And Joe Buck thinks that Aaron Rodgers is frustrated, and concerned about what his quarterback rating in the NFC Championship Game might be? Rodgers had to take 63 snaps and play them all as if they were his last, while his teammates played them all like they were their last, just to win by one score against the Bears. There is a big difference between being “frustrated,” and “competing.”

Announcers have no idea what that difference is. They just see that a quarterback passed for 366 yards the prior game, and they think that because the same quarterback is en route to passing for 244 yards in the current game, that he is stinking up the joint. With that logic, Rodgers must have been really horrible in that Wild Card Game at Philadelphia, when he passed for “only” 188 yards.

But in that game against the Eagles when he passed for “only” 188 yards, Rodgers’ quarterback rating for the game was 122.5. So, if you can get a QB Rating of 122.5 with “only” 188 passing yards, but a 50 QB Rating with 58 more passing yards, then what significance is the QB Rating at all to whether the quarterback is doing well or not? Joe, it’s a team game, you schmuck!

And when talking about the passer rating, perhaps, then, the next time Buck has a calculator and two hours to spare, maybe he'd like to explain how these ratings are calculated, then what they're worth.

The bottom line was that the Packers were winning at that point against Chicago. They won at Philadelphia, with the 188 passing yards as part of the reason because they ran the ball in a diamond backfield for 138 yards. Scoreboard, Buck! Scoreboard!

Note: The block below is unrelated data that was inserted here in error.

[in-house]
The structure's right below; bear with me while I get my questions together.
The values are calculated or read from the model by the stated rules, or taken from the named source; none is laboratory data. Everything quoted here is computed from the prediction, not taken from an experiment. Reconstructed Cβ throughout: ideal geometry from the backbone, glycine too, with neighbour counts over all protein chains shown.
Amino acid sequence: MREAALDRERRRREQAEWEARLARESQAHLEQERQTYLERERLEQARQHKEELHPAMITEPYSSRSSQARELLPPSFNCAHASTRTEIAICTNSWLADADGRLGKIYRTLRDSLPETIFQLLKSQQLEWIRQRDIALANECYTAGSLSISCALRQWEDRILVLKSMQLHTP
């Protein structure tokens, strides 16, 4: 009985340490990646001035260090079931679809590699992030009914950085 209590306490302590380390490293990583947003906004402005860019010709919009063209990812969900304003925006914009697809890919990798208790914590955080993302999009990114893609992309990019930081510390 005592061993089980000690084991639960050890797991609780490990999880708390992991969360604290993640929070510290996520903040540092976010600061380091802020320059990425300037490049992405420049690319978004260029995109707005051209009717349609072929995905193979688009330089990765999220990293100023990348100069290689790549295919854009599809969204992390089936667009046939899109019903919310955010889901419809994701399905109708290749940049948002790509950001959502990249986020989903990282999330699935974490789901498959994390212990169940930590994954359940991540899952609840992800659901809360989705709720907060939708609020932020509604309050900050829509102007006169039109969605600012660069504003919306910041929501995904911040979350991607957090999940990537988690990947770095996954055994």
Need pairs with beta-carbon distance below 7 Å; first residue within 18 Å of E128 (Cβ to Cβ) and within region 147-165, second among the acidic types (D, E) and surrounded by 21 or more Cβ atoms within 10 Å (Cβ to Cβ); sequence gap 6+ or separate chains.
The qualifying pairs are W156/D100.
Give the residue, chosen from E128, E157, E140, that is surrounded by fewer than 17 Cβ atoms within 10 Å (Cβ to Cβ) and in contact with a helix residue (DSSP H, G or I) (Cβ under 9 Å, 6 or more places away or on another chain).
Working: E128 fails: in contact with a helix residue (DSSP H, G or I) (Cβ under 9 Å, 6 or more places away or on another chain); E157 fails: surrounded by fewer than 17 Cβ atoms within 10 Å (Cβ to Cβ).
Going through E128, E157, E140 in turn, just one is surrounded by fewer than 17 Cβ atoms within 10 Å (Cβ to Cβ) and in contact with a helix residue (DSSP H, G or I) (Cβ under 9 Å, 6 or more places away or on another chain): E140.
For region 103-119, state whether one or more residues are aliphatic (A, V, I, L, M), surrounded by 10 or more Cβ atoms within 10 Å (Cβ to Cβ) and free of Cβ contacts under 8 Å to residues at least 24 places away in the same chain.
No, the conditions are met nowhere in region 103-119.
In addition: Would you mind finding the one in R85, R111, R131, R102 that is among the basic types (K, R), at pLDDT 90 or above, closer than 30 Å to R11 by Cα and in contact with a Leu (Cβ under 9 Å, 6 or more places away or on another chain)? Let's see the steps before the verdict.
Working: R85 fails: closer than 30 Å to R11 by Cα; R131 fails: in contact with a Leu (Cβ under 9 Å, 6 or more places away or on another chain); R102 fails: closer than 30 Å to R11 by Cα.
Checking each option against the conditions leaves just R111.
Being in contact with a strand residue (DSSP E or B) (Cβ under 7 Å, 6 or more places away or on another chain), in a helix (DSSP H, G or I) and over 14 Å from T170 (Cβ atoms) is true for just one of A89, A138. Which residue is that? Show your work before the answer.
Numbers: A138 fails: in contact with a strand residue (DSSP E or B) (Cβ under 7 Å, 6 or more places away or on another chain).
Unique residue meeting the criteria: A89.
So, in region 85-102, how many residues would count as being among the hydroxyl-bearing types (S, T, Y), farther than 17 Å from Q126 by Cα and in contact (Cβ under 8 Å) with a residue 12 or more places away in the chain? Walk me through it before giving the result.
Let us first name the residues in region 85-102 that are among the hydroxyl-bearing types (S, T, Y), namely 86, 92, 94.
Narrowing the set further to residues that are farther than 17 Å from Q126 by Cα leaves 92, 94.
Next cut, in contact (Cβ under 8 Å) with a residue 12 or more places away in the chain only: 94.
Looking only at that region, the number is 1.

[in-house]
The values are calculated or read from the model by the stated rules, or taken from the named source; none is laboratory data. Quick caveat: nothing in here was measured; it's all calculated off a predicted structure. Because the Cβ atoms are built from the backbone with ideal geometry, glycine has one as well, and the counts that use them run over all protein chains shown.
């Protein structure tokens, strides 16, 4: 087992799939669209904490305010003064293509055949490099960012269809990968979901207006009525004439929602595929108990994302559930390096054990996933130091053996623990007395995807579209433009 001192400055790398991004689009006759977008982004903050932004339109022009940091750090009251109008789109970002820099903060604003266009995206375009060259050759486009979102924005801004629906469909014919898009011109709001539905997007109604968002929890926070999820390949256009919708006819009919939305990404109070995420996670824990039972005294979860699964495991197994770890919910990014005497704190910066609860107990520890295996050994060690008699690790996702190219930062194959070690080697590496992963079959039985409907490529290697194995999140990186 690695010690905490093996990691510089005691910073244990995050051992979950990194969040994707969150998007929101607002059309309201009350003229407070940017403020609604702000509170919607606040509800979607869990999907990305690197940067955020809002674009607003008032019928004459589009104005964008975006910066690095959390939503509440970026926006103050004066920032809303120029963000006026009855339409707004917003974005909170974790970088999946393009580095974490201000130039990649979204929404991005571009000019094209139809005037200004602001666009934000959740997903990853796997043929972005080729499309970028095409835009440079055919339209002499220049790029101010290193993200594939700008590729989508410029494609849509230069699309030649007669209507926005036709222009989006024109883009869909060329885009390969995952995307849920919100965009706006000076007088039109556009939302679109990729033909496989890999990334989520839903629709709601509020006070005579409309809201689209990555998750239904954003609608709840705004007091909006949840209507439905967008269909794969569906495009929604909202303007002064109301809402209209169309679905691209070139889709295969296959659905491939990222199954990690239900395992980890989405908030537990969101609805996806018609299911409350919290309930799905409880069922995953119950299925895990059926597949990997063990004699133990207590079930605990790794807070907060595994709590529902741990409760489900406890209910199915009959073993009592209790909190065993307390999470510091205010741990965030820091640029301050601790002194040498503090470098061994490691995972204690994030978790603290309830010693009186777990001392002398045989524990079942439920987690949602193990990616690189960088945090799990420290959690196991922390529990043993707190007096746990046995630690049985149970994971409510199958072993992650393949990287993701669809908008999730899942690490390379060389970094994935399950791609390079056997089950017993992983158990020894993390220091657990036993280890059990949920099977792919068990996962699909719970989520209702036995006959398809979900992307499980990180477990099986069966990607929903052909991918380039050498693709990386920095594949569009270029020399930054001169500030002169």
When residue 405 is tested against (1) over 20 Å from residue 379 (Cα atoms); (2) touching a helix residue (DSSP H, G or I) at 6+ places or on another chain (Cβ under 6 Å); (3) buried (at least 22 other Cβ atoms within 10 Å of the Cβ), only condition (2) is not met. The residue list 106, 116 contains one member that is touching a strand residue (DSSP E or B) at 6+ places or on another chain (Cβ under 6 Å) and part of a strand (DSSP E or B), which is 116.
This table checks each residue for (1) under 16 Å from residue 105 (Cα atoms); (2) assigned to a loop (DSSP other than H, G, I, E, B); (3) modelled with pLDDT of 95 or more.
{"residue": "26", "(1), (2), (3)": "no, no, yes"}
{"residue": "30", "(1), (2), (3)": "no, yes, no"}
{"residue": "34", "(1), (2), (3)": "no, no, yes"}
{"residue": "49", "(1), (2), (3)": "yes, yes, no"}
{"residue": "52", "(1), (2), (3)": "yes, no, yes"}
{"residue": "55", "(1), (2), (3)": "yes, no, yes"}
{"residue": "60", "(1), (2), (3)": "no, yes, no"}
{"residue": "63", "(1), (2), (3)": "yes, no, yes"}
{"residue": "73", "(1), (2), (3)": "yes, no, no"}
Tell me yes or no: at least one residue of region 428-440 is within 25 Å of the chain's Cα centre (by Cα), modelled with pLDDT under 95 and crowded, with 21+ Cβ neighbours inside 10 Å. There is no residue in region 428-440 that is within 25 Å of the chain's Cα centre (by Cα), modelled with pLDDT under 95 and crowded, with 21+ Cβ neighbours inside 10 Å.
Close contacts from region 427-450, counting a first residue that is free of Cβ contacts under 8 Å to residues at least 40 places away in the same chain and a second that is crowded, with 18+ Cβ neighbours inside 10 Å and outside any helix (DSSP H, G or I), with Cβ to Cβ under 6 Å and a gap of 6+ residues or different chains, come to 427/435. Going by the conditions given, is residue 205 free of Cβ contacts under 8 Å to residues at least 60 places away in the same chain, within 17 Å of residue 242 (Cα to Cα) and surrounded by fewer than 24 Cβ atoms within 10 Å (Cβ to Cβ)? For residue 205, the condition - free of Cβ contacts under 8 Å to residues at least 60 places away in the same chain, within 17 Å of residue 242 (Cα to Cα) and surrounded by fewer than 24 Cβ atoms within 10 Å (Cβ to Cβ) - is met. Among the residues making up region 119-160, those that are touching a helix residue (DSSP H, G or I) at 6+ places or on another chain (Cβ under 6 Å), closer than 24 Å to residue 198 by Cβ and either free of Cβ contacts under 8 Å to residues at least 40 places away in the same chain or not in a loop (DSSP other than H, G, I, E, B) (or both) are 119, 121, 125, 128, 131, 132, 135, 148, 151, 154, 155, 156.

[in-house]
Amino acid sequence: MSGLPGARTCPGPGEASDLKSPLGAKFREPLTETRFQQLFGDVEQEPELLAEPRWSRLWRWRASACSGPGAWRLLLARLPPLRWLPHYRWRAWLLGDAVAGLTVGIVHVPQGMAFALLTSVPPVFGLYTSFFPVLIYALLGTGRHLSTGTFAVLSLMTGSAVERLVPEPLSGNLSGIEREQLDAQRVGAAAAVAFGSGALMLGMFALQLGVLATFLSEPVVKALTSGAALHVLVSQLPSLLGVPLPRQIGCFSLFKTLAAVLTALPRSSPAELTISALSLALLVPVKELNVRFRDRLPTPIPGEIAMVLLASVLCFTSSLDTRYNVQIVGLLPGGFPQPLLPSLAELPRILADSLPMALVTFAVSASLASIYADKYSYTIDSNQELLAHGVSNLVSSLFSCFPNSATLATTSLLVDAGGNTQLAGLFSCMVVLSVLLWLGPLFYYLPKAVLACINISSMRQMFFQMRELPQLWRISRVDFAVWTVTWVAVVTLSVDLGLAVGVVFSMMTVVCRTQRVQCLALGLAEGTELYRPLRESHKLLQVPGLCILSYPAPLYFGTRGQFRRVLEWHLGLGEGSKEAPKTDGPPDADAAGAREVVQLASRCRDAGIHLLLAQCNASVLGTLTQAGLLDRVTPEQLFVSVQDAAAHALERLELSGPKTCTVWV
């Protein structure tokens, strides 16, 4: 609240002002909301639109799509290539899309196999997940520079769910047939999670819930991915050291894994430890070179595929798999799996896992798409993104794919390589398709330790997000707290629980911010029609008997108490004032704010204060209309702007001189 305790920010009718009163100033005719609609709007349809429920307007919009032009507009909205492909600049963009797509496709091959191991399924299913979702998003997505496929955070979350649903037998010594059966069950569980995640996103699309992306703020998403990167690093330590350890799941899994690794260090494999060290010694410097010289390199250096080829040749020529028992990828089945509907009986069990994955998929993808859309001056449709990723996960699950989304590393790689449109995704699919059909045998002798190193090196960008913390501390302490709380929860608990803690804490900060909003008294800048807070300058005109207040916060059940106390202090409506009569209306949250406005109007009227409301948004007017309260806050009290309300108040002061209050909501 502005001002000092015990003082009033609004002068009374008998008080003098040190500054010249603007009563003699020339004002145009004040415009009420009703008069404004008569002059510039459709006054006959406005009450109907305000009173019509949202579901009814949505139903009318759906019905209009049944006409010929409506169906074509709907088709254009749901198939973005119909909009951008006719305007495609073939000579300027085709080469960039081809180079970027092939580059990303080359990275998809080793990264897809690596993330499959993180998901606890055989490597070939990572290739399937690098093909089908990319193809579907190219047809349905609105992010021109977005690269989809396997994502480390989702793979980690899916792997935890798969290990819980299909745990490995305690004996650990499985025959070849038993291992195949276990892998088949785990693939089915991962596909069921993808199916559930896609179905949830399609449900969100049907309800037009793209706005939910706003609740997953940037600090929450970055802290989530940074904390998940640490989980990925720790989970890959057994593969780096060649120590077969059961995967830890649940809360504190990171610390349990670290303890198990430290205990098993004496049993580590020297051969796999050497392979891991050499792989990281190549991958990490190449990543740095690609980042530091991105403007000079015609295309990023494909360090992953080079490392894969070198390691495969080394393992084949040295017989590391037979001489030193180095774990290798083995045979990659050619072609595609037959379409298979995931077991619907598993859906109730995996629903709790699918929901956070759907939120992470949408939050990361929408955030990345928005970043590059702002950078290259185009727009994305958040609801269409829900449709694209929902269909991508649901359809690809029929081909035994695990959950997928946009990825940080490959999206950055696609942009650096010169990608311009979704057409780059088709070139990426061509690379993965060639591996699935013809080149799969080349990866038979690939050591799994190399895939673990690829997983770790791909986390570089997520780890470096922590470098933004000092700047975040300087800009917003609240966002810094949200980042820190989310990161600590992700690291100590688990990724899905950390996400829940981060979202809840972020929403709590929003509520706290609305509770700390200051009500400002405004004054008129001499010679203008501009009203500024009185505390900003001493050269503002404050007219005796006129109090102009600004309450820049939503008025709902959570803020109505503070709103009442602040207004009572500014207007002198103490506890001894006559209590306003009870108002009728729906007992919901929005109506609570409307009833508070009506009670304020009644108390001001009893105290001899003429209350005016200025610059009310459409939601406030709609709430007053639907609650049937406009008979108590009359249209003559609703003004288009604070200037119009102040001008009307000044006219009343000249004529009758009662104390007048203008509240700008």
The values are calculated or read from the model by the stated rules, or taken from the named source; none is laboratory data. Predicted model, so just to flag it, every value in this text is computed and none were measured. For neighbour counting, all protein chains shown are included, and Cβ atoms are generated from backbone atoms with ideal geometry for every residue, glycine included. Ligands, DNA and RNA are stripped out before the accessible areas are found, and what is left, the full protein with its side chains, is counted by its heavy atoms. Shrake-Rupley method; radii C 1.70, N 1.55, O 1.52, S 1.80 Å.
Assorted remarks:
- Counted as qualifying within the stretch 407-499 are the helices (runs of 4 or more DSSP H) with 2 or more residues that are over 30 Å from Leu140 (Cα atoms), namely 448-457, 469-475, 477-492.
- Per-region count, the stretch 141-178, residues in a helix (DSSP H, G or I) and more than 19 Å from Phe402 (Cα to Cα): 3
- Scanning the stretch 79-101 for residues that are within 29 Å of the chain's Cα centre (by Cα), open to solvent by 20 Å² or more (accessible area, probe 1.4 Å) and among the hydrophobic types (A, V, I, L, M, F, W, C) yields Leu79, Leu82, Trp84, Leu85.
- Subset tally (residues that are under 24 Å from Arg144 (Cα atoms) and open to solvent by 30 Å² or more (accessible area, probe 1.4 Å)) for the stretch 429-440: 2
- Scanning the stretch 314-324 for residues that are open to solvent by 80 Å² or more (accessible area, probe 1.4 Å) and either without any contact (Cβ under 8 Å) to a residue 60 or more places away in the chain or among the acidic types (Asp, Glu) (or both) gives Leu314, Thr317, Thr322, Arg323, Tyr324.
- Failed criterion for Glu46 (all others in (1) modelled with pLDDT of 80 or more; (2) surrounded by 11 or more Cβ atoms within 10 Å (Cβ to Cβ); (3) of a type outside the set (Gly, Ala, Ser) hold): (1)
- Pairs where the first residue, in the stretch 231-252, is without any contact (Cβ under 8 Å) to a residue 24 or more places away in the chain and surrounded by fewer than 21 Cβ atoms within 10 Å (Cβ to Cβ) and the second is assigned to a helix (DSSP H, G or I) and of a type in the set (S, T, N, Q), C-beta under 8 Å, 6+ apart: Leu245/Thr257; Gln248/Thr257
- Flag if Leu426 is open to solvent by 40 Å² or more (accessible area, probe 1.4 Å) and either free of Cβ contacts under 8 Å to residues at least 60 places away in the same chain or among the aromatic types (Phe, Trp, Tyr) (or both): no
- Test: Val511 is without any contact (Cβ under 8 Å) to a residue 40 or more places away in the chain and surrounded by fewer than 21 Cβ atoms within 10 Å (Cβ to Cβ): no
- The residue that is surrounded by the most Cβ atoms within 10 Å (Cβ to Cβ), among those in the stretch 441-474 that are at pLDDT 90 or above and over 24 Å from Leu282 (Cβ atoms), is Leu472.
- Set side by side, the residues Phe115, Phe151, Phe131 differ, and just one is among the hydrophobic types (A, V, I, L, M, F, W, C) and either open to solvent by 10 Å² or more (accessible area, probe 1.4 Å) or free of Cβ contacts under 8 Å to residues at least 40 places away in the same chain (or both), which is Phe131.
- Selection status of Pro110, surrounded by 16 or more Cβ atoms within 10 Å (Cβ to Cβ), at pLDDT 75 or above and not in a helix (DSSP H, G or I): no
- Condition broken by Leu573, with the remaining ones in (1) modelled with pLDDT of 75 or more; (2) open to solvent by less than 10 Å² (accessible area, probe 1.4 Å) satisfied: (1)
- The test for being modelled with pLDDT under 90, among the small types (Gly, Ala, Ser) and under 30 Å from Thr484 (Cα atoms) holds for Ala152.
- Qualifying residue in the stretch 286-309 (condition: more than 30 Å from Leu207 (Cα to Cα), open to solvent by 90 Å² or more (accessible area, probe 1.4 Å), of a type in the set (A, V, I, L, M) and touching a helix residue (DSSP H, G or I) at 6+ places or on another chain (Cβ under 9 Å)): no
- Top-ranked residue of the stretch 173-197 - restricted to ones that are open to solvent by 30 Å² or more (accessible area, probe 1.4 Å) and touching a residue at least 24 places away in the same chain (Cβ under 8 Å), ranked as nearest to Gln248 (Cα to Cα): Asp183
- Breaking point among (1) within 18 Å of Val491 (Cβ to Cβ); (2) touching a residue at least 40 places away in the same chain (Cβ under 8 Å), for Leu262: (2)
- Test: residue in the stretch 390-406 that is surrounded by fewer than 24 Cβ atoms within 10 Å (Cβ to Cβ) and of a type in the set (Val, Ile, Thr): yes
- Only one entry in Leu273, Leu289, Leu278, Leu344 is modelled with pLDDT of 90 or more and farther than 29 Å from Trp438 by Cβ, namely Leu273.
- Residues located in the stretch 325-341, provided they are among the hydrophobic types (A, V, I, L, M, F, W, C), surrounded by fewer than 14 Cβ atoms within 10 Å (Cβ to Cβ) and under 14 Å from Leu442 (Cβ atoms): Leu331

And Troy Aikman, who was a decorated NFL quarterback, should know enough to correct him, but Aikman got hit in the head so many times he really has no idea what he’s saying up there. It’s mostly, “Blah. Blah-blah. Blah, blah-blah-blah.” And these clowns are announcing the Super Bowl. Get the radio, Shirley!


Yesterday’s Record ATS: 3-1
Cumulative Season Record ATS: 277-177

Today’s Action (for reading purposes only):


This is the first game of five on the road for the Nuggets and they play some weak teams. Denver had a full day to rest after hosting the Pacers while the Wizards played the Knicks last night and were in the game until a horrible fourth period. The distractions in the Mile High are taking their collective toll. Carmelo Anthony got T’ed up Friday vs. the Lakers when L.A. covered and won the battle of the boards by 20. WASHINGTON, 101 - 100

Take the points here with the Clippers having a legit shot to win outright. L.A. has had 48 hours to ponder this game after playing and beating Golden State by two hoops and they have showed signs of turning it around. Baron Davis only had 7 points in the win vs. Golden State. Eric Gordon is playing both ends of the floor, Blake Griffin is a highlight film, and the Clips came out of the woodwork early in the year to beat Denver, Miami, and the Lakers. LOS ANGELES, 103 – 102


In this greatest of all collegiate hoop conferences – can you imagine if the Big East lopped off the four weakest sisters and went to a twelve-team circuit? All-TIME! – very good teams off a couple of recent tough losses on the road against stiff conference competition typically bring that “something extra” when back at their place. Buzz was not happy about the officiating at Notre Dame, but expect he’ll get his way, here, and it is highly-unlikely the Huskies will be able to match Marquette in effort, tonight. MARQUETTE, 77-67

PURDUE (+7.5) over OHIO STATE*
Outside of a home date vs. Iowa in which they were life-and-death to cover, the Buckeyes have made every Big Ten match to date an advantage vis a vis the marketplace. This should be no different, as Matta’s kids are doling out their energy, pacing themselves, and doing just enough to win while playing to maintain that cipher in their loss column. The Boilers are obviously the second-best outfit in the Big Ten, their teamwork may be a shade better than even Ohio State’s, and this goes to the final buzzer, in a screamer. OHIO STATE, 68-67